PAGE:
Some German voters feel that the powerful & influential German state media (at federal and Bundesland level) made sure that mass immigration was not a major openly debated topic during these elections. It was reported about it, but this was often a “managed” exercise. And I think the AfD reacted to this media “management” with a shrewd tactic: while most German parties shifted towards the left-liberal camp to save the EU & the EURO, the AfD shifted even further to the right camp. This made the gap between the AfD and the rest even bigger. So much, that even the Chair of the AfD, Mrs. Petry has become uneasy about some of the language used by Mr. Gauland. Mrs. Petry has many conservative followers at the AfD that shun extreme language, but if Weidel-Gauland succeed in bringing the AfD into the German Bundestag as 3rd largest party, I doubt moderate conservatives within the AfD will reject Weidel-Gauland. In a way, success excuses the means. The ruling coalition, the media and the AfD are setting up the country for a showdown.
My conclusion in a nutshell
All in all, the AfD is benefitting from the fact that most German parties shifted to the liberal-left camp after BREXIT to rally behind the EU. There was a sense of the urgent need to rescue the European Integration process. Smartly or dangerously the AfD shifted its “tone” even further to the right.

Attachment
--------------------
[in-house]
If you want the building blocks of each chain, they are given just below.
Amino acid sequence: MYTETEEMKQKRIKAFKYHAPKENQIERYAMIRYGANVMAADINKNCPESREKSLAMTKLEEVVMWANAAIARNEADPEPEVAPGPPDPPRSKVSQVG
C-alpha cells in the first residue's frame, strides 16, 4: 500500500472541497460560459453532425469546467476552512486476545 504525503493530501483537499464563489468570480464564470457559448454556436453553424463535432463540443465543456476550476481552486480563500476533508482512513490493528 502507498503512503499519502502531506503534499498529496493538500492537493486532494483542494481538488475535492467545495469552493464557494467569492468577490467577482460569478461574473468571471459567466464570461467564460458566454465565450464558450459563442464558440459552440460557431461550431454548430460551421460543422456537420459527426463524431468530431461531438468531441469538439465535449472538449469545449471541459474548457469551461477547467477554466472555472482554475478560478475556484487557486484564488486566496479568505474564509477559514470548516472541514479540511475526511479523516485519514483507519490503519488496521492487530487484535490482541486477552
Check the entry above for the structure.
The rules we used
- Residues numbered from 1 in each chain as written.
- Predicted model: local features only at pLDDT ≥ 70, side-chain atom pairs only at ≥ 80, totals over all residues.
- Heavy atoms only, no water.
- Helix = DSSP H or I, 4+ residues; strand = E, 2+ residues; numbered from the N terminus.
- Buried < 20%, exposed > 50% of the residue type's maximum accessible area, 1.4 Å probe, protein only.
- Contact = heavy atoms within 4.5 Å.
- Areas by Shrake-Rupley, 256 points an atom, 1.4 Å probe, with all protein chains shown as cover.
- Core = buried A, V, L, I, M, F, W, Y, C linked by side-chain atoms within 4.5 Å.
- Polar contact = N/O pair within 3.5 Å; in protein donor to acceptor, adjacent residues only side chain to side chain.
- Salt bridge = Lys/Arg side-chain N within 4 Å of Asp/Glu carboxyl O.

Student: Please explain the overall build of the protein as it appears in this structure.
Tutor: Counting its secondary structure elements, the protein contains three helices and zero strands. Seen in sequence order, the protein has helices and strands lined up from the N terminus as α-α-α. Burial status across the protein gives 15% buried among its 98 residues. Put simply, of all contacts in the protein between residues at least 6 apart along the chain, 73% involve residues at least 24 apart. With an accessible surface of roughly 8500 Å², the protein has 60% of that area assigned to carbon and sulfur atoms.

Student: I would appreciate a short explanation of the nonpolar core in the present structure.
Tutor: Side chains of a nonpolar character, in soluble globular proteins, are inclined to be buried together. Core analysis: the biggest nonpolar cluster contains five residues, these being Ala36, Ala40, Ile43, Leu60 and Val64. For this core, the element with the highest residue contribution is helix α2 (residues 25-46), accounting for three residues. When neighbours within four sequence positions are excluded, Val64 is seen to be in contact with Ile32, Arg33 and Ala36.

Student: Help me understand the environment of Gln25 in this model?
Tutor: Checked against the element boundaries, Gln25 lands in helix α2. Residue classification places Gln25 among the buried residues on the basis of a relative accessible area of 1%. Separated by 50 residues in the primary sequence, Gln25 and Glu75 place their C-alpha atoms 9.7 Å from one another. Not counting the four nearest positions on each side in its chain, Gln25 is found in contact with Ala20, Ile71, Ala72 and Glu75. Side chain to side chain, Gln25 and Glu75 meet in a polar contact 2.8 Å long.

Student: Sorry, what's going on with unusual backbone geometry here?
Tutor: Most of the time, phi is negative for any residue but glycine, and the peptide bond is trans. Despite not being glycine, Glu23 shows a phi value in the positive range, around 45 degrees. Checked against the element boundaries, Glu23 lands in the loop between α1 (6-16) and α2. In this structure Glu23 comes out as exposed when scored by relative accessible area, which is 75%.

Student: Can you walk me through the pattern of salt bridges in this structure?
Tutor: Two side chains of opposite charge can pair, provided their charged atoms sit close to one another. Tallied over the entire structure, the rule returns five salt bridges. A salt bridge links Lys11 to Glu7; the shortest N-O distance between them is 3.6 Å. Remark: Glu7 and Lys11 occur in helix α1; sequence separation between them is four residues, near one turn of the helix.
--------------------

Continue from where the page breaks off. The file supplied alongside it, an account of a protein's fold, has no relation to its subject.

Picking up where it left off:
With most Germans well off economically, analysts are convinced they will support the status quo. The angry, impoverished or disenfranchised 25% of Germans cannot tip these elections, but they could upset Berlin. Germany stands out indeed: it is one of the few developed economies, where a big part of the middle class has seen annual increases in salaries over the past ten years. Mr. Macron will likely use the next 3 months to expand his leadership role in Europe and beyond.
Since 2016 I have continually maintained – and for 9 months against consensus – that the Far Right will not shape any major government in the EU. I said repeatedly that the fears about a rise of the Far Right in the EU were overdone, because both France & Germany would vote either liberal or left in 2017. So far this main scenario for Europe is unfolding and I see the EU shifting further to the liberal Left after Fall 2017. The steady secular rise of the Right is energising all center and left parties to push forward their globalist or integrationist agenda. But, Europe is not America, in Europe the liberal-left camp is much larger than the right or conservative camp. Where others saw the collapse of the EU, I saw and continue to see much more power concentration and a European Super State in the horizon. This implies that Germany will try to further deepen her strategic alliance with China.
A clash is coming and Germany is steering the EU into China’s sphere of geopolitical & military influence. For now at least. Worthwhile close monitoring.
Christian Takushi
Macro Economist & Strategist – 23 Sep 2017 – Switzerland